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White House says it will refuse to cooperate with 'illegitimate, unconstitutional' impeachment inquiry
WASHINGTON (Reuters) - The White House said on Tuesday it would refuse to cooperate with an "illegitimate, unconstitutional" congressional impeachment inquiry, setting Republican President Donald Trump on a collision course with the Democratic-led U.S. House of Representatives.
Hours after the administration abruptly blocked a key witness in the Ukraine scandal from testifying to congressional panels, White House lawyer Pat Cipollone criticized the decision by lawmakers to proceed with an impeachment inquiry without a full House vote.
"You have designed and implemented your inquiry in a manner that violates fundamental fairness and constitutionally mandated due process," he said, adding House Democrats had left Trump "no choice."
WASHINGTON — President Donald Trump has ordered a substantial reduction in the staff of the National Security Council, according to five people familiar with the plans, as the White House confronts an impeachment inquiry touched off by a whistleblower complaint related to the agency's work.
Some of the people described the staff cuts as part of a White House effort to make its foreign policy arm leaner under new national security adviser Robert O'Brien.
Editor's Note: This article originally appeared on Business Insider.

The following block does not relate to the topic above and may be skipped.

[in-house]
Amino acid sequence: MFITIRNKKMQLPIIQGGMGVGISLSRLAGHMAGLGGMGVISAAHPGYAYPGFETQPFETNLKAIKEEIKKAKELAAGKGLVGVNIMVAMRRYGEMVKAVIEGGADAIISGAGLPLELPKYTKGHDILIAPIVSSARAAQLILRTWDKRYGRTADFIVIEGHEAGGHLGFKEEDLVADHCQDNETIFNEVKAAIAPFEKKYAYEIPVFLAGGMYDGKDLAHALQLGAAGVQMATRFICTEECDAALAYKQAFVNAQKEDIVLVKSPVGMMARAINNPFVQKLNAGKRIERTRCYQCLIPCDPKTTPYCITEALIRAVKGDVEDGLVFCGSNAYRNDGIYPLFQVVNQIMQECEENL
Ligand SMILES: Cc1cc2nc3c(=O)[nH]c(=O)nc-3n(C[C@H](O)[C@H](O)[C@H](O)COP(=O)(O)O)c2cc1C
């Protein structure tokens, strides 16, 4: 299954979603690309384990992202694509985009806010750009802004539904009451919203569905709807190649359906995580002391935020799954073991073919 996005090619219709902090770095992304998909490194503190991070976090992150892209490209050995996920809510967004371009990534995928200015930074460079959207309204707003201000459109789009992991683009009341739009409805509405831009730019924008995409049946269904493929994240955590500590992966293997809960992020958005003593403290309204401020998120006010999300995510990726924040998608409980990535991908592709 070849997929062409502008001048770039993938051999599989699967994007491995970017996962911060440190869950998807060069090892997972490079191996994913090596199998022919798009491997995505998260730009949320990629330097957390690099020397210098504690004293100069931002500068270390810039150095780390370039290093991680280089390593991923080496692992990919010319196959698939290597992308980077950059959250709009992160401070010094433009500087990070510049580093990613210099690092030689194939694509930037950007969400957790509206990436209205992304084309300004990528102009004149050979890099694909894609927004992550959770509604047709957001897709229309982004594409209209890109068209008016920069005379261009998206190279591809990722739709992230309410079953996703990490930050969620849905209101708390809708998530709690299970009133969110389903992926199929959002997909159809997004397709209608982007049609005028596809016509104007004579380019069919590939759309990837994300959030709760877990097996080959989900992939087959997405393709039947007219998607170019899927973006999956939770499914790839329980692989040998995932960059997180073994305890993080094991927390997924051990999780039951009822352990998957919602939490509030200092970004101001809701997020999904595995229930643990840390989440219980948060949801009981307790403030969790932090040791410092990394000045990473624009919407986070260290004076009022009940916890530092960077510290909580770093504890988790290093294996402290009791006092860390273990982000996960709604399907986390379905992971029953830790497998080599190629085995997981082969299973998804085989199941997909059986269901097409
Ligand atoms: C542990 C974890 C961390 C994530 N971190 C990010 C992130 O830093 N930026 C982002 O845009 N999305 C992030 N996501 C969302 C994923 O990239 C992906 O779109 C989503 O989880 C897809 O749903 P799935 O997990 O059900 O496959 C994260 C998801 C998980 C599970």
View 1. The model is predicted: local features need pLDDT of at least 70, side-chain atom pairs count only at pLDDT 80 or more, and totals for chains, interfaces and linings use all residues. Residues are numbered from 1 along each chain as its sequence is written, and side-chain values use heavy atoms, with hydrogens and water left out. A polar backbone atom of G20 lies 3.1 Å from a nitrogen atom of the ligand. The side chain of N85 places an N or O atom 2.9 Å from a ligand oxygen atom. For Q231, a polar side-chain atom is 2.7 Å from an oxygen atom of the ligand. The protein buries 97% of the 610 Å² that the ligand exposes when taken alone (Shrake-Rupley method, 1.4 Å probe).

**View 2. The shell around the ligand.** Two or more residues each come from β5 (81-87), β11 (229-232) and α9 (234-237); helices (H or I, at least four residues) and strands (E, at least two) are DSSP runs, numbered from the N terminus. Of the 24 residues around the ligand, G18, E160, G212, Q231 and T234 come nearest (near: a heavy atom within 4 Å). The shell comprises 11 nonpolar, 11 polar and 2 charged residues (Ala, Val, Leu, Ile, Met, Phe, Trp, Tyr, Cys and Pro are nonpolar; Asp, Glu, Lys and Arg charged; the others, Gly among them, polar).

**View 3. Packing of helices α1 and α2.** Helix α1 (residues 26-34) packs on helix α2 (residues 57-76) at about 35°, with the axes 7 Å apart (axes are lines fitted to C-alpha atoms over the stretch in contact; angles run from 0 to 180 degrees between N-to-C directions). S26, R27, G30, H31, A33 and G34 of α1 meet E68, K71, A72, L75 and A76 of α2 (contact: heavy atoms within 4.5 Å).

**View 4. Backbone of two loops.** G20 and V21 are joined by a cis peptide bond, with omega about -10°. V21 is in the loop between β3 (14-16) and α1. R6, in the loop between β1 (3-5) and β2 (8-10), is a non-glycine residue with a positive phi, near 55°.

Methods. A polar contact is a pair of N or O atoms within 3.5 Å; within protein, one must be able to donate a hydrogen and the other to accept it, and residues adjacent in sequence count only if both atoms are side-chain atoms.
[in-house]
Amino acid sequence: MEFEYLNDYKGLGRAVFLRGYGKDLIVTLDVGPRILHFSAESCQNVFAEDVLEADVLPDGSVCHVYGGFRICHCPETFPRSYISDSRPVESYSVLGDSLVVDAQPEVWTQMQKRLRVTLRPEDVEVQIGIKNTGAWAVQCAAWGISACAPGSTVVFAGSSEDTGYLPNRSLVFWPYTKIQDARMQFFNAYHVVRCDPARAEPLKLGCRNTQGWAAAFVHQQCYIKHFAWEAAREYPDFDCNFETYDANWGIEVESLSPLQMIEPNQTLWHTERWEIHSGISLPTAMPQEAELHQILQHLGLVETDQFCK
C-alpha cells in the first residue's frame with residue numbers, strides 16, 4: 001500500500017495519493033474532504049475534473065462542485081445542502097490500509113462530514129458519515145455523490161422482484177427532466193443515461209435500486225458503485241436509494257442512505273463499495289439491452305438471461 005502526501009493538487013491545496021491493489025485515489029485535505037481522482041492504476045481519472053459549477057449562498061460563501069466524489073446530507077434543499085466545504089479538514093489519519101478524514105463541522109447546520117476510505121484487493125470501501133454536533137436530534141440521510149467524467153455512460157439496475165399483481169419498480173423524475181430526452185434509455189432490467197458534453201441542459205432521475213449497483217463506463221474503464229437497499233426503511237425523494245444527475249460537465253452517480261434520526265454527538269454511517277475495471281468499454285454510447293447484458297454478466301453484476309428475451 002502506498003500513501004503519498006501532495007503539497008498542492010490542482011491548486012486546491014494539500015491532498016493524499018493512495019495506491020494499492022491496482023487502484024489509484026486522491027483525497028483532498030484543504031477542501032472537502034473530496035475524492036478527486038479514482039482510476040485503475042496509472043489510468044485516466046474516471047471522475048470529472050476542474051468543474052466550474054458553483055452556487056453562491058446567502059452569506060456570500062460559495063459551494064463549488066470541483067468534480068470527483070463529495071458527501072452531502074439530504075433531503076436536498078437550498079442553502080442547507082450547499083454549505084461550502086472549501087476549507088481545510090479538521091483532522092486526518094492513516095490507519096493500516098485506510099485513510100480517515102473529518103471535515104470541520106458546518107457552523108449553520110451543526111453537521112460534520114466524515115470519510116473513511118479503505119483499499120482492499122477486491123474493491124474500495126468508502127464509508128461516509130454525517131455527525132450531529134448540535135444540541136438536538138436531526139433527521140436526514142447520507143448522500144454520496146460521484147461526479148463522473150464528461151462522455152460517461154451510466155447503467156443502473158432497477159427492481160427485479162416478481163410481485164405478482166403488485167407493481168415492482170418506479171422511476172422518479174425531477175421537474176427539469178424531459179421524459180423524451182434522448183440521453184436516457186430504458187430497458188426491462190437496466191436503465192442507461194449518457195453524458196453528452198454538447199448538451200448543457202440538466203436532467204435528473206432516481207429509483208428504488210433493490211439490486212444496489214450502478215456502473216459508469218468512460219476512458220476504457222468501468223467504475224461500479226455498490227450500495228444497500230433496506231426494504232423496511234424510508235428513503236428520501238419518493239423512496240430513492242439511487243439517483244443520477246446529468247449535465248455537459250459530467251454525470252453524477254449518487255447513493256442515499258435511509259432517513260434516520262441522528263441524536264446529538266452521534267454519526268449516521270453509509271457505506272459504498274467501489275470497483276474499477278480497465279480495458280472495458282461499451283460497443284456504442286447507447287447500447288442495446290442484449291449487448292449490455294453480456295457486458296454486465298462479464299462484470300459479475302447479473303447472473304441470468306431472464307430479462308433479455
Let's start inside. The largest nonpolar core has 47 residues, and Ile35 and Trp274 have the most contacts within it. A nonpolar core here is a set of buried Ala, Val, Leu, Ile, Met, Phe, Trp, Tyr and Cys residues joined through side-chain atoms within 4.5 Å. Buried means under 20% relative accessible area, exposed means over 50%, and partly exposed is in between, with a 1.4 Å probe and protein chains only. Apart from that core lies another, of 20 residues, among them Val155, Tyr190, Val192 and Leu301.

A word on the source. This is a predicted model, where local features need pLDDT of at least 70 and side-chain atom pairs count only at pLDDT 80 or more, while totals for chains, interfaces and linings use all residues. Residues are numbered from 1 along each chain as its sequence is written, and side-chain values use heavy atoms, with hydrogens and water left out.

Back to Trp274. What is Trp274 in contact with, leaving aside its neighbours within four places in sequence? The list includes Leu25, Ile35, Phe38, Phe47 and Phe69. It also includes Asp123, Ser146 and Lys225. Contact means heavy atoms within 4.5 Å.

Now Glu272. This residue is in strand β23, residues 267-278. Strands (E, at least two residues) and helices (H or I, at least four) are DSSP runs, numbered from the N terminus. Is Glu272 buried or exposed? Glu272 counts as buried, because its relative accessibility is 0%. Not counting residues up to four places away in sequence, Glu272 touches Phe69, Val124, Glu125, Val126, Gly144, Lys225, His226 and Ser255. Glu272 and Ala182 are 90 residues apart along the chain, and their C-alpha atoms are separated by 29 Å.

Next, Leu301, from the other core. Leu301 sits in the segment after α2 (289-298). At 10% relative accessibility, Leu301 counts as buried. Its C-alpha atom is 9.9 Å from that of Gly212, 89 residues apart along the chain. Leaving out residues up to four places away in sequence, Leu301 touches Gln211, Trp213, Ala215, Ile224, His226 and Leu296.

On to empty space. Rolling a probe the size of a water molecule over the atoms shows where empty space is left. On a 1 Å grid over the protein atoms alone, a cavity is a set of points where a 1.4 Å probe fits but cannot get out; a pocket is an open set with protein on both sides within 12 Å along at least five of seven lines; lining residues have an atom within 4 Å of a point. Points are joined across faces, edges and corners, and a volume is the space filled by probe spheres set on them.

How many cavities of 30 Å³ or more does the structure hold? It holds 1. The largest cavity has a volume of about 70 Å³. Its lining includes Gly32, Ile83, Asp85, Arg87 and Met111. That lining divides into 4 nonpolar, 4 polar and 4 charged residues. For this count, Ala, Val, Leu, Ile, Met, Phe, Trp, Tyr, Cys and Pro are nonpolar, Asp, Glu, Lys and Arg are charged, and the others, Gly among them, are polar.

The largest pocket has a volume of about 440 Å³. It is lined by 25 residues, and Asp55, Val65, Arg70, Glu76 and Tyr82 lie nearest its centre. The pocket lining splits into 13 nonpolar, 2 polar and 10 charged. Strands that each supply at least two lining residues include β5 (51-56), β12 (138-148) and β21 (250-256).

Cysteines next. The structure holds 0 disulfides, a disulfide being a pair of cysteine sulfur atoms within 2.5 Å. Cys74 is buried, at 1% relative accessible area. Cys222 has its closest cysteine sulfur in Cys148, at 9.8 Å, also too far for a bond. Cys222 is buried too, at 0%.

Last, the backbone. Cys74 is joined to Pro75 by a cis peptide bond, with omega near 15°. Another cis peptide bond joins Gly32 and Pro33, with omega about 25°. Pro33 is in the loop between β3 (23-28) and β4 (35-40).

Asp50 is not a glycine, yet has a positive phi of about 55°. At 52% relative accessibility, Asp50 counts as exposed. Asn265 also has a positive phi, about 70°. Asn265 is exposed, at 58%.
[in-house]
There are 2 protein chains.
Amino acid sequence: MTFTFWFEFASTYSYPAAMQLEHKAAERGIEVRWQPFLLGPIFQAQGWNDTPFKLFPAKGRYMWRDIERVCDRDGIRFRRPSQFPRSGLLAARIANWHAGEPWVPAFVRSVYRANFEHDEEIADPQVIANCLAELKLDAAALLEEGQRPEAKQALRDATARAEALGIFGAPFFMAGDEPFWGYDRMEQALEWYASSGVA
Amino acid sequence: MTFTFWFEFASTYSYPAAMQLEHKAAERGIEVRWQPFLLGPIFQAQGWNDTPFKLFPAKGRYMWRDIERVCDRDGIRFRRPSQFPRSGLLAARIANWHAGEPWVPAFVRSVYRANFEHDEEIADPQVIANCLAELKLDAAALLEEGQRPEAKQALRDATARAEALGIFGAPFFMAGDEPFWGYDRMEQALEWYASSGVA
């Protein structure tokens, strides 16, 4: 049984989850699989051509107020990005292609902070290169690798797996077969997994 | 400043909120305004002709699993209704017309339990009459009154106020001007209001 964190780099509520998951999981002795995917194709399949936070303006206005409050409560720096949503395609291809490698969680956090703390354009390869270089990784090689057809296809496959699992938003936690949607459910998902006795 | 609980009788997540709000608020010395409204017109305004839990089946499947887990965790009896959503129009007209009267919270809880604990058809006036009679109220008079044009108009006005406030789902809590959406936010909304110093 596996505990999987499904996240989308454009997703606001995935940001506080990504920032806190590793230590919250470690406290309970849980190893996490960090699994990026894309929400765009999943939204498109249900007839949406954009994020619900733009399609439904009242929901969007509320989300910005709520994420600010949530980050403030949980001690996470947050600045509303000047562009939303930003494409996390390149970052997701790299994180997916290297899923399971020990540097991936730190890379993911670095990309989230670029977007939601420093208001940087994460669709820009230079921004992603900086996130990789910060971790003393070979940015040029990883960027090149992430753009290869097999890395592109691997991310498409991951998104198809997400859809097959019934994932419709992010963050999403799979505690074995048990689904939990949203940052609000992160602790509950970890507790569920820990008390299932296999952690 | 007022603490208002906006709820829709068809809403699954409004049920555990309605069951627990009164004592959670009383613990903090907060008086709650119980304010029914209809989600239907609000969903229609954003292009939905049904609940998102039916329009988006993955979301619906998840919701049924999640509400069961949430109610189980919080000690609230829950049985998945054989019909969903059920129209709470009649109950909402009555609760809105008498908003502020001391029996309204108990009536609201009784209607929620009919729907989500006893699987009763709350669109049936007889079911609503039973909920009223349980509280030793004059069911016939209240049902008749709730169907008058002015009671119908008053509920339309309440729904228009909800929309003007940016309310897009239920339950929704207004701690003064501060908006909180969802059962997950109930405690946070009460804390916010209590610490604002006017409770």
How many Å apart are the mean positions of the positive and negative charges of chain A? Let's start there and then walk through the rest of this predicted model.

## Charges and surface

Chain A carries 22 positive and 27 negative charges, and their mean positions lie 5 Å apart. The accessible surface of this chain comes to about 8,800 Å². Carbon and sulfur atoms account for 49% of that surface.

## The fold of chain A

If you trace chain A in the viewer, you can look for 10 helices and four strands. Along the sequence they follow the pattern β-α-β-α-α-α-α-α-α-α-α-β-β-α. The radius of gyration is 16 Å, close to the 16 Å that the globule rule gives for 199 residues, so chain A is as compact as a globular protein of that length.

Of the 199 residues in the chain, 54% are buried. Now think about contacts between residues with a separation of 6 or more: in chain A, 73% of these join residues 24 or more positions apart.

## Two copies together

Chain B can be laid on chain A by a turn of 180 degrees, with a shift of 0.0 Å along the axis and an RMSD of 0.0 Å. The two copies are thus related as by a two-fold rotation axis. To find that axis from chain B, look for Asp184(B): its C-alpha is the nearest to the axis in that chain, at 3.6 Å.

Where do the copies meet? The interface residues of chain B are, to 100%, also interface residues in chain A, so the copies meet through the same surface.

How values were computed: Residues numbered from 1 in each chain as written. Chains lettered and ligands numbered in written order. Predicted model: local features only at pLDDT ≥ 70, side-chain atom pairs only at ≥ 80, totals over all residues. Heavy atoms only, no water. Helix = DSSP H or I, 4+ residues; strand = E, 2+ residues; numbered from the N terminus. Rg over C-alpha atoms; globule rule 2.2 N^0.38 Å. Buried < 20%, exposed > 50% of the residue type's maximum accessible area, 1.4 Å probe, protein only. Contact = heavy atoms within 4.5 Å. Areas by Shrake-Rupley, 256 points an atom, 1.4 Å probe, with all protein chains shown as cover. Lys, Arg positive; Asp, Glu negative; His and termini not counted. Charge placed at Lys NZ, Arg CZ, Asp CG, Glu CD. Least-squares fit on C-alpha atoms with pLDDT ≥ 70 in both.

As President Donald Trump faces an unprecedented impeachment inquiry, he's taken to his comfort zone, using Twitter to attack Congress, the media, and the anonymous intelligence whistleblower who filed a complaint against him.
In the 24 hours since the explosive whistleblower complaint was released, Trump has used social media to aggressively defend himself.
WASHINGTON — The presidential helicopter isn't supposed to leave scorch marks on the White House lawn. So the Navy and Lockheed Martin Corp. are working to fix a "high risk" problem after the new Marine One did just that in a test without the president on board.
It's a good thing we're not racing headlong into a war with Iran or some other equally daunting geopolitical catastrophe, because the task of actually filling the Pentagon's top job is starting to look like an increasingly messy task.
After Acting Secretary of Defense Patrick Shanahan withdrew from consideration for permanent secretary, President Donald Trump tapped Army Secretary Mark Esper to take over as his second Acting Secretary of Defense in five months.
But unfortunately for both Trump and Esper, a federal law from 1998 puts a number of legal hurdles in their way.
SEOUL (Reuters) - The Pentagon has told the White House that the U.S. military will not be politicized, a U.S. official said on Sunday, in response to a controversy after officials directed the United States Navy to keep the USS John S. McCain out of sight during a recent speech by President Donald Trump in Japan.